In 2008, the global financial crisis hit the economy particularly hard, due to the importance of its financial sector. Falling home prices, high consumer debt, and the global economic slowdown compounded Britain's economic problems, pushing the economy into recession in the latter half of 2008 and prompting the then BROWN (Labour) government to implement a number of measures to stimulate the economy and stabilize the financial markets. Facing burgeoning public deficits and debt levels, in 2010 the CAMERON-led coalition government (between Conservatives and Liberal Democrats) initiated an austerity program, which has continued under the new Conservative majority government. However, the deficit still remains one of the highest in the G7, standing at 5.1% of GDP as of mid-2015. London intends to eliminate its deficit by 2020, primarily through additional cuts to public spending and welfare benefits. It has also pledged to lower its corporation tax from 20% to 18% by 2020.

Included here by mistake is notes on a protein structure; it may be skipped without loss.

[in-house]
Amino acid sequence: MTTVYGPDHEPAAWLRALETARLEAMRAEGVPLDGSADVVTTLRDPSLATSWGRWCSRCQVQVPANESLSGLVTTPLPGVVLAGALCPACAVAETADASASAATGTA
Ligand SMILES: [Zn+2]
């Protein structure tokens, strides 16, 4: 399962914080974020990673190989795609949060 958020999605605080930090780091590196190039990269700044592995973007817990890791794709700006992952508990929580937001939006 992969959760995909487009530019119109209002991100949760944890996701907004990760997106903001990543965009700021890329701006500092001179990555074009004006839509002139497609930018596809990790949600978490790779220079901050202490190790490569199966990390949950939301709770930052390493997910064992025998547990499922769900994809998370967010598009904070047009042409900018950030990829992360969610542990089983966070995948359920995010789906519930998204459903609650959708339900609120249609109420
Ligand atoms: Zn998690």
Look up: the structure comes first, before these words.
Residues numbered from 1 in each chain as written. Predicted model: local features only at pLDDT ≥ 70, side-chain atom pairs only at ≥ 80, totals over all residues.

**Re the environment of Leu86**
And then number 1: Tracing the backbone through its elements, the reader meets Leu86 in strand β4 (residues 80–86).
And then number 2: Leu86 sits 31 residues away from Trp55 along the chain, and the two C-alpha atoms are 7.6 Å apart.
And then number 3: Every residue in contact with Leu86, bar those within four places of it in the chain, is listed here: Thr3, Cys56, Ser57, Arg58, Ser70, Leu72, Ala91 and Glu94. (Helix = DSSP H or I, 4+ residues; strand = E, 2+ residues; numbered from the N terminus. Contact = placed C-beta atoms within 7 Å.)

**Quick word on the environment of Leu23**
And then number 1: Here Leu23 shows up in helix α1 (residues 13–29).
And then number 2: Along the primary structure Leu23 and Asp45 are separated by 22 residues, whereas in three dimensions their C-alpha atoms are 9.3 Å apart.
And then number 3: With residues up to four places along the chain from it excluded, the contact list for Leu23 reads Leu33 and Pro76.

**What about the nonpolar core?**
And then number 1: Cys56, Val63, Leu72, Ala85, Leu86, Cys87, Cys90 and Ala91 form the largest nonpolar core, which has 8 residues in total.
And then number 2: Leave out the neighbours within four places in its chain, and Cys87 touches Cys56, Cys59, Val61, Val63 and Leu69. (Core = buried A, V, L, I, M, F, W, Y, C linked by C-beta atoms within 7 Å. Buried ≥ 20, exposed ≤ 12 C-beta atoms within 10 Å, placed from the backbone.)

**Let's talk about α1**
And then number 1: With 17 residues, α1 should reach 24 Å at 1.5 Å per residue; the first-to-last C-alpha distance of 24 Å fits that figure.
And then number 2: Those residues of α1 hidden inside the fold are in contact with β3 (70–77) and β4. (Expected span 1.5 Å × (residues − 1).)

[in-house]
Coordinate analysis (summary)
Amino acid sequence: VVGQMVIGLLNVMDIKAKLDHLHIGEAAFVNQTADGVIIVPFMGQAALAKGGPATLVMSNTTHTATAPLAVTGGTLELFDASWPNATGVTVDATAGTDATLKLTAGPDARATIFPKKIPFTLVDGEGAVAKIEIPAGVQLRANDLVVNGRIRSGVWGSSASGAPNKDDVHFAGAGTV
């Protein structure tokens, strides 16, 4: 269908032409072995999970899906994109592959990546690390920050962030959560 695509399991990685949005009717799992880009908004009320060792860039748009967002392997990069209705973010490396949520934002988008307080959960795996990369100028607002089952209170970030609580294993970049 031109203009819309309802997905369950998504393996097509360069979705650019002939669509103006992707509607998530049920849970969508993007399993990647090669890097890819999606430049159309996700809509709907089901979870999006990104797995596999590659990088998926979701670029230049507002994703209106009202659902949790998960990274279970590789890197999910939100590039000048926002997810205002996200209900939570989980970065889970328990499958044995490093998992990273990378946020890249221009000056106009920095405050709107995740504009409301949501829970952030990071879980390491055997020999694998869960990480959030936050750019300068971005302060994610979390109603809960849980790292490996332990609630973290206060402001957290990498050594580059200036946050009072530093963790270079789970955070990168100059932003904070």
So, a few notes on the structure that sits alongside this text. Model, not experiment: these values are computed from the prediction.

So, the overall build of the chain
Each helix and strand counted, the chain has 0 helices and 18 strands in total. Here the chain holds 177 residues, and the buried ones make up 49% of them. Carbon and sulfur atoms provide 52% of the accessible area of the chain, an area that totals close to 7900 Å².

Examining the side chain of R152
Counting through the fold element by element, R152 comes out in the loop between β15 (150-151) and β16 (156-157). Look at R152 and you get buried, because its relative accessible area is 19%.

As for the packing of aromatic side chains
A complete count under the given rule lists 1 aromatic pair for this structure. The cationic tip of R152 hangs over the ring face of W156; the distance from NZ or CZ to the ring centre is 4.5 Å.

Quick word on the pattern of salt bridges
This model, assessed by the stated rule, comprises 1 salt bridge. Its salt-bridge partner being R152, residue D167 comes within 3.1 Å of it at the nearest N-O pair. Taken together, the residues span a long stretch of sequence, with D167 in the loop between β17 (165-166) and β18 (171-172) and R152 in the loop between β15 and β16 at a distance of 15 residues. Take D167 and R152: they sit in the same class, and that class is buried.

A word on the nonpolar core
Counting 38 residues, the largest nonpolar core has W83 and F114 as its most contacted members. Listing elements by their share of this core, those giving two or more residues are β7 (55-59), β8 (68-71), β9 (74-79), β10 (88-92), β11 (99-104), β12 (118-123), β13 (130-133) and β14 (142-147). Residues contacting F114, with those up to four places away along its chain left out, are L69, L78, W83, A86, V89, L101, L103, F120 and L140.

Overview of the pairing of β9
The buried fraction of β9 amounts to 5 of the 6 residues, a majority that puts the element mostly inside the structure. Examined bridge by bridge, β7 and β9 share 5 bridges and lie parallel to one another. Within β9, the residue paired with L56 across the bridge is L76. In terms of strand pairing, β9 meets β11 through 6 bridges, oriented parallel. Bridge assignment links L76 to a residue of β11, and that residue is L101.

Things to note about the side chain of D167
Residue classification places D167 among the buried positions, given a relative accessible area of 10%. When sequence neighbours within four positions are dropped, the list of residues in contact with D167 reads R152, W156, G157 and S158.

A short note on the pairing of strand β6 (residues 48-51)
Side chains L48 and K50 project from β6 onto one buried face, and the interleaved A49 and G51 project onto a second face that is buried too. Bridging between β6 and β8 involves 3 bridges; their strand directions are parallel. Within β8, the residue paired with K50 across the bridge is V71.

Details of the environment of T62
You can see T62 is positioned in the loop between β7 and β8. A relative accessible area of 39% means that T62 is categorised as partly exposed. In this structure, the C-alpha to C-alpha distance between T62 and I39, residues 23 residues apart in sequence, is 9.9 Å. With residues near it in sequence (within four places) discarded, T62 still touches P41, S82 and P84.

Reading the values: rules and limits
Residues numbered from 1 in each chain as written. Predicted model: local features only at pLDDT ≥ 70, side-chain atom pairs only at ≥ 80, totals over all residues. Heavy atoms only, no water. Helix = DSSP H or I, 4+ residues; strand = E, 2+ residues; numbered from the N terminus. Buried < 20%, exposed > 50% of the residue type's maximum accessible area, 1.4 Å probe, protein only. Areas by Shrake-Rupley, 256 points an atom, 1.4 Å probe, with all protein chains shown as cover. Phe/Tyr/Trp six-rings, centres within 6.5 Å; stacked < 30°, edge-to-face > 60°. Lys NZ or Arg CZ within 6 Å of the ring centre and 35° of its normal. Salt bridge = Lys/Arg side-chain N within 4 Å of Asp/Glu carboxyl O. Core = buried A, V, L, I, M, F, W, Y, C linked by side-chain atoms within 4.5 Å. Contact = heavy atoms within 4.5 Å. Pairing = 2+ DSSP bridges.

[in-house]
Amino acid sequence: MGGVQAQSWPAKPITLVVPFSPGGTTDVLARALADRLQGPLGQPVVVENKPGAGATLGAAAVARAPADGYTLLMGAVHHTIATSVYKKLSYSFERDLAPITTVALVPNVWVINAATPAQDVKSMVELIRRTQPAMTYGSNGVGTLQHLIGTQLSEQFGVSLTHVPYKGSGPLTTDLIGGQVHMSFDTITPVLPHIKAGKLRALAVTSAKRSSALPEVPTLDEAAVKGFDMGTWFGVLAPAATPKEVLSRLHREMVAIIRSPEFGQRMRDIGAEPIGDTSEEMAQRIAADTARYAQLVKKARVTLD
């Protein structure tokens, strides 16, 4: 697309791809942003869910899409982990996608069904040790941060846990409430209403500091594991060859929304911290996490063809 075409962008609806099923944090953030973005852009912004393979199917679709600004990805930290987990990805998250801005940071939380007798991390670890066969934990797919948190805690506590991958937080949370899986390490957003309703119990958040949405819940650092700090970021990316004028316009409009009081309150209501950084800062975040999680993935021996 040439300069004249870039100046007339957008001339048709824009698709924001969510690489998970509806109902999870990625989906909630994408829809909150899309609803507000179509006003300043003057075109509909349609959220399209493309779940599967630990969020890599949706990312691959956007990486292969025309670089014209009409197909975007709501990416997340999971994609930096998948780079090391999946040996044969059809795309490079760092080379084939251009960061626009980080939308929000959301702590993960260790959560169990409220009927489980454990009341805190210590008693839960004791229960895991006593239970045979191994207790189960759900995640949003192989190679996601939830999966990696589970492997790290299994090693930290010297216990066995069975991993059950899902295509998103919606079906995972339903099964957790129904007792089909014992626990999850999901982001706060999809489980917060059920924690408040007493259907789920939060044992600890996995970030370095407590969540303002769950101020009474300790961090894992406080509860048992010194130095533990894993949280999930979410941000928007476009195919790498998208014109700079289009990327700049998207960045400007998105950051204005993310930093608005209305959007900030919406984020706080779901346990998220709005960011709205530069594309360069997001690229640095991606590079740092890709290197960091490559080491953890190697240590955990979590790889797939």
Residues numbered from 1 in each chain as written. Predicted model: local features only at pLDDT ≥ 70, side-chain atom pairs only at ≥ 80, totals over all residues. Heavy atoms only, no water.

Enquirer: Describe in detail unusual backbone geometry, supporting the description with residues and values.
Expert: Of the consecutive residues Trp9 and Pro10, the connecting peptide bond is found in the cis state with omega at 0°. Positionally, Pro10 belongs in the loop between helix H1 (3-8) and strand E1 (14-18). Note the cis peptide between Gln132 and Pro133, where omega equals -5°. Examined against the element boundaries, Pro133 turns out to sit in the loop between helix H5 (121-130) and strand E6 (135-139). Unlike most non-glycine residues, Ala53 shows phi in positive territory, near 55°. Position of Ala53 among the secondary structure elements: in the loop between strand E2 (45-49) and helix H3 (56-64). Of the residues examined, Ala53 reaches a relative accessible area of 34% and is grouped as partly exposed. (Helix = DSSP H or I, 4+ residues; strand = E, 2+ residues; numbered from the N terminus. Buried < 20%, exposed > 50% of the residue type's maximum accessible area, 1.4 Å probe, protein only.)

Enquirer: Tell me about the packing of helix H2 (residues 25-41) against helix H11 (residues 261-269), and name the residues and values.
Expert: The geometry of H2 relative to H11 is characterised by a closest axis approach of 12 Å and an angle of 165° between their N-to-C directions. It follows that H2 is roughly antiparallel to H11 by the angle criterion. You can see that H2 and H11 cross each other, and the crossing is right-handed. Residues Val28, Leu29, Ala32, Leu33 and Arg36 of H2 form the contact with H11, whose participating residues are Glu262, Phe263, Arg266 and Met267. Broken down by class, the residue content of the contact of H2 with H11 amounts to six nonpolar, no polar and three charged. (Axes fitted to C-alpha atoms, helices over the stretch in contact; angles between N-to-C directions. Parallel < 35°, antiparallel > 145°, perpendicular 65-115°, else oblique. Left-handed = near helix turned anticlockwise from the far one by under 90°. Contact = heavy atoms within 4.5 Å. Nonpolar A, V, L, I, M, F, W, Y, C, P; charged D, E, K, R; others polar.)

In 2012, weak consumer spending and subdued business investment weighed on the economy, however, GDP grew 1.7% in 2013 and 2.8% in 2014, accelerating because of greater consumer spending and a recovering housing market. As of late 2015, the Bank of England is examining when to begin raising interest rates from historically low levels while being cautious not to damage economic growth. While the UK is one of the fastest growing economies in the G7, economists are concerned about the potential negative impact if the UK votes to leave the EU. The UK has an extensive trade relationship with other EU members through its access to the single market and economic observers have warned an exit could jeopardize its position as the central location for European financial services.

Source: Europa, CIA World Factbook

Useful links

The Commission's Representation in the UK
European Parliament office in the UK
UK administration and public services
Tourist information